One person I was sitting next to mentioned the lynching history of the courthouse and the young man who approached us point blank said that lynching is part of our history and folks are trying to erase it – as if they were trying to eradicate a family legacy.
Later on I asked someone if that town was known to have had lynchings. Without hesitation or flinching they gave me a somber, “Yes.”
Ok, so this is just one conversation and it set my wheels spinning. Sure it’s not everyone’s interpretation but it’s worrisome.
Southern geography aside, let’s localize this issue a bit more and let’s think about the implications of embracing the “try that in a small town” mentality on the campaign trail and the attitudes that embrace and enable it.
Here are a few examples of what’s gone on in our state within the past 100+ years.
In 1882 Charles Thurber, a black man was lynched off a railroad bridge crossing the Red River, by a white mob who broke him out of the courthouse. There was an estimated crowd of 2,000 spectators. According to mprnews.com, “The newspaper said the entire city was responsible for Thurber’s death.” A long overdue memorial was set in place in 2020.
Never forget the KKK activity in North Dakota in the 1920s. Instead of targeting people of color (aside from native people, the population was primarily of European descent), the Klan was a pro-temperance, anti-Catholic, anti-semitic group. They even tried to integrate themselves into Grand Forks politics. In fact, the largest Klan gathering in ND was in Larimore. In 1923 the anti-Klan law was passed, making it illegal to wear a hood in public places.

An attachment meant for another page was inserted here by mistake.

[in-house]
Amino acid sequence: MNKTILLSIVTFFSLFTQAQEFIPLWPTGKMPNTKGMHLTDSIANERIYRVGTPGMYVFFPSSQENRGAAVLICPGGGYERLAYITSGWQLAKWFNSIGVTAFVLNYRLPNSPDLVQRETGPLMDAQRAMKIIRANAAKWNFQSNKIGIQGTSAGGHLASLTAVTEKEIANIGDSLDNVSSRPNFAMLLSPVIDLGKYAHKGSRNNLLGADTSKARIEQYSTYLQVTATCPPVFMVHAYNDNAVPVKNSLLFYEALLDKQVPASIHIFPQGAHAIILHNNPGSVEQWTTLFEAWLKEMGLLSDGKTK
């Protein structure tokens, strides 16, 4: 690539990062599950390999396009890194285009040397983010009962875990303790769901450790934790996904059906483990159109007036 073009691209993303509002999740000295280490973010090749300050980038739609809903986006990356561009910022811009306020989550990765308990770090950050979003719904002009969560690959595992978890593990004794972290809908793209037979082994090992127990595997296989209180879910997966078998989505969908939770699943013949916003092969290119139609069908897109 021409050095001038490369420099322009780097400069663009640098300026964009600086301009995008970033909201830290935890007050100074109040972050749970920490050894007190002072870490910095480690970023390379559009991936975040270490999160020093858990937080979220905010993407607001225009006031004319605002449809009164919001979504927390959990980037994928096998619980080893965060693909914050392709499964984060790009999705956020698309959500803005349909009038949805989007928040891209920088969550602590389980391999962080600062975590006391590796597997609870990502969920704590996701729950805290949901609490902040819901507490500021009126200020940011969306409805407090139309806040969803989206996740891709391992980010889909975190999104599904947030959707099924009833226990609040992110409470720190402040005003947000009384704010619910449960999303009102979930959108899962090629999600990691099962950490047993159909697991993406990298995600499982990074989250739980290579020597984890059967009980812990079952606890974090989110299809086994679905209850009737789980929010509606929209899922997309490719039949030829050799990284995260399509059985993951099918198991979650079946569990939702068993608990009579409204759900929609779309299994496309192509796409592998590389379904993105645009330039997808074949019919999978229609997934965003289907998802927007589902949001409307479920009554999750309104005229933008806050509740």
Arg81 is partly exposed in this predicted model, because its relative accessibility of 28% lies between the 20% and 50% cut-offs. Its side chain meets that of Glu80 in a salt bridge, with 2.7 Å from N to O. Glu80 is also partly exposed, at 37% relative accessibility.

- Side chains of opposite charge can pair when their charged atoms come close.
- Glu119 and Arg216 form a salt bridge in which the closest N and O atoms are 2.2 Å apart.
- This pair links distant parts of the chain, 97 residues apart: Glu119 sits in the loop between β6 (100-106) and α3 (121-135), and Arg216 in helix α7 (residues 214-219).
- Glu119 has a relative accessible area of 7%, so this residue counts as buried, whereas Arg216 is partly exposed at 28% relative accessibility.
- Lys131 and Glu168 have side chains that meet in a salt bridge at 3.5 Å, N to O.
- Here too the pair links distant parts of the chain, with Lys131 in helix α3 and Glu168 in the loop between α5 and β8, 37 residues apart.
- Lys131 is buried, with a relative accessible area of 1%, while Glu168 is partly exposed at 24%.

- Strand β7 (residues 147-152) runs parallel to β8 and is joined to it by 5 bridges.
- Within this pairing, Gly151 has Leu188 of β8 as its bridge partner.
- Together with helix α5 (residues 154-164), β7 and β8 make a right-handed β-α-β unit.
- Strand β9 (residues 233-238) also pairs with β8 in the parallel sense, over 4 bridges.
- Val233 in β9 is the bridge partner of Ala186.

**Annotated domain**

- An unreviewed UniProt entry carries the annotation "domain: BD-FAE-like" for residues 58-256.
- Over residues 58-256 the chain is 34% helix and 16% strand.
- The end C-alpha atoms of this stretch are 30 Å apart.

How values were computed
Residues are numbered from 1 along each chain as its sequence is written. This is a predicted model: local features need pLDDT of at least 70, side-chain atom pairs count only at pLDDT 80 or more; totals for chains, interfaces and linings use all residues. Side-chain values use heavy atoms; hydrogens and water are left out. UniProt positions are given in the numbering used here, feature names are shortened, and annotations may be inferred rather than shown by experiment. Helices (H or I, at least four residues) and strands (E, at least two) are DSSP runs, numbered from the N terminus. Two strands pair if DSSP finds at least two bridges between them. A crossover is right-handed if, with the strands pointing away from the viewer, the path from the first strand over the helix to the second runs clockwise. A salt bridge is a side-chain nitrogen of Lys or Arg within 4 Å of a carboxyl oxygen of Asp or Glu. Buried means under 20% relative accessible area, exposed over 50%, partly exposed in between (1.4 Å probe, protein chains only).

Wait – a radical far right group trying to integrate itself into state politics? According to an April 21, 2023 article from the Salt Lake Tribune, Sovereign Citizens are making their way into the GOP. An article published a month earlier was titled “Sovereign Citizens in Utah: ‘More prevalent than we think’. How far away from that are we in North Dakota, if we aren’t there already? Afterall, this is Gordon Kahl country, remember the Posse Comitatus?
The last recorded lynching in North Dakota was in the early 30s in McKenzie County at the Schafer jail near Watford City. There was recently a movie called “End of the Rope.” In fact, we published a story about it in July 2017, with a piece called “If These Walls Could Talk.”
These are just a few examples, and there are COUNTLESS recorded and unrecorded incidents.
According to the USDA, a community is considered rural if it has a population of 60,000 or less. North Dakota has three cities that are considered urban , Bismarck, Fargo and Grand Forks, which falls just barely under 60K. No wonder Burgum is taking his photo ops to the badlands. I mean, he’d just look plain silly donning those chaps in downtown Fargo or Bismarck.
So Doug, please think long and hard about what those “small town values” really are and please reconsider embracing the “Try That in a Small Town” trend. You’re embarrassing those of us who actually live and work in small towns.